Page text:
We live in a world where censorship is active everyday in myriad ways to protect the politically, economically and racially dominant, anyone who cant see that is either choosing not to or feels so served by the current order they don’t care. What our liberal ‘friends’ really take issue with is not censorship itself but that for once, an economically privileged white man and the white power behind him did not get their way. The fact that Mr. Bailey chose to use only black bodies and remove the white bodies that were doing the raping, enslaving and killing is of course, calculated censorship, of the grossest kind.

They say we have only opposed Mr. Bailey because he is a white South African, when actually it is they who have only supported him because he is white. How do we know this? Because when artists of color, trying to genuinely promote dialogue about empire and white supremacy are censored, everyday, these ‘liberals’ don’t say or do a thing, it’s not even worthy of comment because it is so normalized.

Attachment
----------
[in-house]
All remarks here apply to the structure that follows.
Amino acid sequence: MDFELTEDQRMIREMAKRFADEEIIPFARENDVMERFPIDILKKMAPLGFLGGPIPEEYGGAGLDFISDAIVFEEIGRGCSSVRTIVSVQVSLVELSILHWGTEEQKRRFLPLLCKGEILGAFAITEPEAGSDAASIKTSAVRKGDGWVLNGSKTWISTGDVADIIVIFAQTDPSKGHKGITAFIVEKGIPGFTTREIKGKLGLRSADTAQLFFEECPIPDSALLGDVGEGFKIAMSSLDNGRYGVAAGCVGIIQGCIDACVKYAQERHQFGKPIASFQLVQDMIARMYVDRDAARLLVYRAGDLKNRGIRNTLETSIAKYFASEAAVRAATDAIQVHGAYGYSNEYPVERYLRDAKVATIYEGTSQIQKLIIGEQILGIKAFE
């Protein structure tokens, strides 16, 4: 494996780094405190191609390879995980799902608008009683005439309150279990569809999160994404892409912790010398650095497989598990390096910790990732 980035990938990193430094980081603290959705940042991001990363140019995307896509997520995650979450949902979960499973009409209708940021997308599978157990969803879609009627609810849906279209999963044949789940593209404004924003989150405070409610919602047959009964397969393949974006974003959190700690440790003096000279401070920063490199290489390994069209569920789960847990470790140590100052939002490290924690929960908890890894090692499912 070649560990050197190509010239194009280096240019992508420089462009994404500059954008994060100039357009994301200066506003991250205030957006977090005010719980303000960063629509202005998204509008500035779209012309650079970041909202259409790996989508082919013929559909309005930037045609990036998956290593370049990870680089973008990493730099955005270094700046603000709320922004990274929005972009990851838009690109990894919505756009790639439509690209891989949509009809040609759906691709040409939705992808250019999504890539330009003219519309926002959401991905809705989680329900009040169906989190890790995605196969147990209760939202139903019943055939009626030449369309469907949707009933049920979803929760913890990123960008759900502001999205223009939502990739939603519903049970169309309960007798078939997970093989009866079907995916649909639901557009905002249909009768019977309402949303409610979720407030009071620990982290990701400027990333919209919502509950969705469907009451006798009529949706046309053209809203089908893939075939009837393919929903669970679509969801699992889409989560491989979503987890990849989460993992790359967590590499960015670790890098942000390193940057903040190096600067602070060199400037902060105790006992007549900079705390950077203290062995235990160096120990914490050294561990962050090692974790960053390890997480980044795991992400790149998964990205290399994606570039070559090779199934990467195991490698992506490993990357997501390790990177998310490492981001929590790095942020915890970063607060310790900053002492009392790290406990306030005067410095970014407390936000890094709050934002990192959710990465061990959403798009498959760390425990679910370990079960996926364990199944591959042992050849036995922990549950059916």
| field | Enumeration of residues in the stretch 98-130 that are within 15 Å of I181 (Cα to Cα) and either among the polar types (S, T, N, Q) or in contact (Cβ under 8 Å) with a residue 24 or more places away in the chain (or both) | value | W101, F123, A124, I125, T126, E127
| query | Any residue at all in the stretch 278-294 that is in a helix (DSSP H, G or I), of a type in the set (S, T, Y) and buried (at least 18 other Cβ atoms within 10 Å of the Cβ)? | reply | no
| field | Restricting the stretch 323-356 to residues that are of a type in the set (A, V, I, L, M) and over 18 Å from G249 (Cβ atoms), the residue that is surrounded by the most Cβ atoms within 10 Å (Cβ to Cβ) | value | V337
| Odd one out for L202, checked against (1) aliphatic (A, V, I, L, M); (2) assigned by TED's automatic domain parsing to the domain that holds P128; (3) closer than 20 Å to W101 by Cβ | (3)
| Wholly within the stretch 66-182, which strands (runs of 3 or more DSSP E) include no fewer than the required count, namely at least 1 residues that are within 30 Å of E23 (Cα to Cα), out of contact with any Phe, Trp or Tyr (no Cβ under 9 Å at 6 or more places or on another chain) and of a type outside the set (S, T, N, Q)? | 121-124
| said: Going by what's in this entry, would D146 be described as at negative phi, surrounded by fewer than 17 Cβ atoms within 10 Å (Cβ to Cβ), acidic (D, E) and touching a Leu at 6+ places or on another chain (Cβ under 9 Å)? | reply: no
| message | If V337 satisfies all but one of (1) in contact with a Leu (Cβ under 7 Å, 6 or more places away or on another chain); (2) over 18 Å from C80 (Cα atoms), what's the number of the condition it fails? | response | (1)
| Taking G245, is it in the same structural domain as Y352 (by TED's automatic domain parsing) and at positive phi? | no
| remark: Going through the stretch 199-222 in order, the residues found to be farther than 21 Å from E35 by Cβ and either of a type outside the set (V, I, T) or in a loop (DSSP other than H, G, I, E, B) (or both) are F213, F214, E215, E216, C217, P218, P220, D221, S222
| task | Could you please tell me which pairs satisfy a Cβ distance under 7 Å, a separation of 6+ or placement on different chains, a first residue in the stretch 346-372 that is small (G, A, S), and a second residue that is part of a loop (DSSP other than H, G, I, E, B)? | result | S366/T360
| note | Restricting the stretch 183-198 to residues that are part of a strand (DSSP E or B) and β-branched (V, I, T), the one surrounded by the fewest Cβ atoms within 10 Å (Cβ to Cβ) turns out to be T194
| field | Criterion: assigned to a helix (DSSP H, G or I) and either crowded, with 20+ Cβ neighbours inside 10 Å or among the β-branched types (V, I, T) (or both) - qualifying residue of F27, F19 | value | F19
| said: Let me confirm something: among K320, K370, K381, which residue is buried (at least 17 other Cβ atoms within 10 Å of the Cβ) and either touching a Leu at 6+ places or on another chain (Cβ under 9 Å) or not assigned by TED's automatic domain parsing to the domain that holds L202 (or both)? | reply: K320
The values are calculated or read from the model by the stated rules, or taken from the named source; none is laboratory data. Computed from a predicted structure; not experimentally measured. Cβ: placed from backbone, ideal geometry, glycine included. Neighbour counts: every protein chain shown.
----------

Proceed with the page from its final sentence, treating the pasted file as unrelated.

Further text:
lowkey

Lowkey is a hip hop artist from the U.K. Search for Lowkey on C-101 search engine to find more.

I’ll give a couple specific examples from the history of the genre I love, Hip-Hop. Let’s start close to home. Our friend and great emcee Lowkey has tens of millions of views on YouTube, has sold over 10k albums wholly independently and toured the world and yet, despite this overwhelming popularity, he has never been played on mainstream, daytime, publicly funded radio, not once. He is infinitely more popular and more respected by people of color globally than the likes of Mr. Bailey could ever be, yet public institutions were not beating down his door to stage and promote his anti-colonial commentary. Precisely because he is (or was now he has retired) an artist of color dealing with the issues Mr. Bailey is toying with, he found his art censored by marginalization in this way.

mos-def-dexter-season-6

Mos Def moved to South Africa and was banned from touring in the U.S. in 2014.